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The systemd unit files for my Java apps (on Ubuntu 18.04) appear to be working - I had set stdout and stderr to be sent to syslog and the log entries were appearing in /var/log/syslog.

However I want to use dynamic names, hence I added /etc/rsyslog.d/10-myapp.conf containing:

$CreateDirs on

:programname, startswith, "myapp-" {
  /var/log/apps/$programname.log
  stop
}

I then restarted rsyslog....and got a file named $programname.log in the directory.

I suspect that there may be an issue with how I have specified the dynamic file name - I see elsewhere people using a different syntax for selecting the message along with %...% around the variable name. However trying the following (and restarting rsyslog) did not help:

:programname, startswith, "myapp-" {
  "/var/log/apps/%programname%.log"
  stop
}

That gave me a file named %programname%.log

1 Answer 1

5

To use dynamic filenames you need to go via a template. This names the string (usually DynFile in examples) and will interpolate the %property% values in the string when used. To use the template in legacy syntax you need to prefix it with ?.Try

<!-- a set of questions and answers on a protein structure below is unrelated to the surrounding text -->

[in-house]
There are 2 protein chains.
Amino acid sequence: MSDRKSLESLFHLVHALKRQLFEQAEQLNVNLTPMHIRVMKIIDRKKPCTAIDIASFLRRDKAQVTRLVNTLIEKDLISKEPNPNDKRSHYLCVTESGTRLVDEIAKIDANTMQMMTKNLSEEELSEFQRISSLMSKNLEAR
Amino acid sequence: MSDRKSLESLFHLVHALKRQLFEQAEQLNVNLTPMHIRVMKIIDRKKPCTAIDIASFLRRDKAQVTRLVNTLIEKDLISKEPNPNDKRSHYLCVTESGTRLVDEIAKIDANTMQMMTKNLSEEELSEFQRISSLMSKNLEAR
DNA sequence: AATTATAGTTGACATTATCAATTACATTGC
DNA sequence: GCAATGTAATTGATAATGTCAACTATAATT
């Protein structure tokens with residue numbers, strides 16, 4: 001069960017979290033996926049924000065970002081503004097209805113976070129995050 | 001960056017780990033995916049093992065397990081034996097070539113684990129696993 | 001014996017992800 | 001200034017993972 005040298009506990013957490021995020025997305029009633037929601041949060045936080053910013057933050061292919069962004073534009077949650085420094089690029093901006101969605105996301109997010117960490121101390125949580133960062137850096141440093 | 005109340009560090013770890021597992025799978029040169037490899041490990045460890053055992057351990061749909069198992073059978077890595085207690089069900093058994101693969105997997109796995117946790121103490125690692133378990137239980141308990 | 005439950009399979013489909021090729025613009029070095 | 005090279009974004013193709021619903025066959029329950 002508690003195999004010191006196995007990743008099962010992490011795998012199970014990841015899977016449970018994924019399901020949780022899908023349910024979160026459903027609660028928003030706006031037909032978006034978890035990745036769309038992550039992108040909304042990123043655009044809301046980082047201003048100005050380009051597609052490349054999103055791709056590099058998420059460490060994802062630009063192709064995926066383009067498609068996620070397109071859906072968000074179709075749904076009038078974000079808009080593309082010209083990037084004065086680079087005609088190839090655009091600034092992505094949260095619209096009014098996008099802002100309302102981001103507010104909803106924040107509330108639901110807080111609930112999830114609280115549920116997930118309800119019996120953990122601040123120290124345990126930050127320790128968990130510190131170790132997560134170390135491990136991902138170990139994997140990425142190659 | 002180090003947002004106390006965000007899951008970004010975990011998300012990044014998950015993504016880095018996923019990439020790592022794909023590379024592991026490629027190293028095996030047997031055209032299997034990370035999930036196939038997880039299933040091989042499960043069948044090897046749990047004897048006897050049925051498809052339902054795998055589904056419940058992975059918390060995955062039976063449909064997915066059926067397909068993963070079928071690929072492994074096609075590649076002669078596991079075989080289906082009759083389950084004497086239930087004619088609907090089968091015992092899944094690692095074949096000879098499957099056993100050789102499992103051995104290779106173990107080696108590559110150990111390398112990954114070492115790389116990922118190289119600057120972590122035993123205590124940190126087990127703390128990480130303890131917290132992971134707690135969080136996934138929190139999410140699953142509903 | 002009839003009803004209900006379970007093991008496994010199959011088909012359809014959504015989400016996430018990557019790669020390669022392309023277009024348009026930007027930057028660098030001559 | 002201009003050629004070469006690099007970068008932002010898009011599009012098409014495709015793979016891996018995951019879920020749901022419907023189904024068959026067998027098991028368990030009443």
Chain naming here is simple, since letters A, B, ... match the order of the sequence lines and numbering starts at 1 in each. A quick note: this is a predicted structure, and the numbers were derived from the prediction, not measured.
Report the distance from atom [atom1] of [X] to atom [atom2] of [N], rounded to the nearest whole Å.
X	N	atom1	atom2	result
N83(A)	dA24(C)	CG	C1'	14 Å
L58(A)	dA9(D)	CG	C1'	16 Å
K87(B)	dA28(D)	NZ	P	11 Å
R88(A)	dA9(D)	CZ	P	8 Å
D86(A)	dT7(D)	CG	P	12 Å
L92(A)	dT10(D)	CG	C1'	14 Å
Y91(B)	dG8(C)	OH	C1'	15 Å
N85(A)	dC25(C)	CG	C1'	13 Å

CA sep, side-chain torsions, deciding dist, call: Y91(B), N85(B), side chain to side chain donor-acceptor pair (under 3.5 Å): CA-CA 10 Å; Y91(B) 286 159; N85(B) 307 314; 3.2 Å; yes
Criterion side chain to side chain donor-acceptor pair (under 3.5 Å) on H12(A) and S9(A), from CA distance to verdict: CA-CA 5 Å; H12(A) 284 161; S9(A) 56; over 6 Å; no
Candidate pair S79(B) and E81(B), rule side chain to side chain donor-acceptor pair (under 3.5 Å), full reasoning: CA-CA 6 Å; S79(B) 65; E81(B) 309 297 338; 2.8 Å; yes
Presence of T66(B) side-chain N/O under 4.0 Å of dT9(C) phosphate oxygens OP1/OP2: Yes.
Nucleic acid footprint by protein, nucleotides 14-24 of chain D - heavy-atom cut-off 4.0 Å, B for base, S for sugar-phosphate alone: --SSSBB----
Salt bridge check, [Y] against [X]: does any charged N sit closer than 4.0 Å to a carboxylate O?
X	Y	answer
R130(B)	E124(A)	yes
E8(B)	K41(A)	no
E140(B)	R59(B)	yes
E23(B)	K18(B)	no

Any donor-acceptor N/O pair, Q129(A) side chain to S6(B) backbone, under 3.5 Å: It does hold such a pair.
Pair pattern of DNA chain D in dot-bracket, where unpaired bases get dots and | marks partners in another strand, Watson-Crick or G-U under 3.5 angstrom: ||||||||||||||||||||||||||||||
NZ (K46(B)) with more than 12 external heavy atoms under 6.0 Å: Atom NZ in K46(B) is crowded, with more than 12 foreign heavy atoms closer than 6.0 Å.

$template DynFile,"/var/log/apps/%programname%.log"
:programname, startswith, "myapp-" {
  ?DynFile
  stop
}

Non-legacy syntax is a bit more explicit and can sometimes be more readable. You are actually using the builtin omfile module. Beware, templates have 2 different uses: as dynamic filenames, and as a format for the data to write. For simple strings, though, they are defined in the same way, eg:

template(name="myfile" type="string"
     string="/var/log/apps/%programname%.log")

if ($programname startswith "myapp-") then {
     action(type="omfile" dynaFile="myfile")
     stop
}

Keywords like dynaFile need to be spelled exactly. Note that action() has a template=... keyword option. That is to provide a template for the data written in the file.

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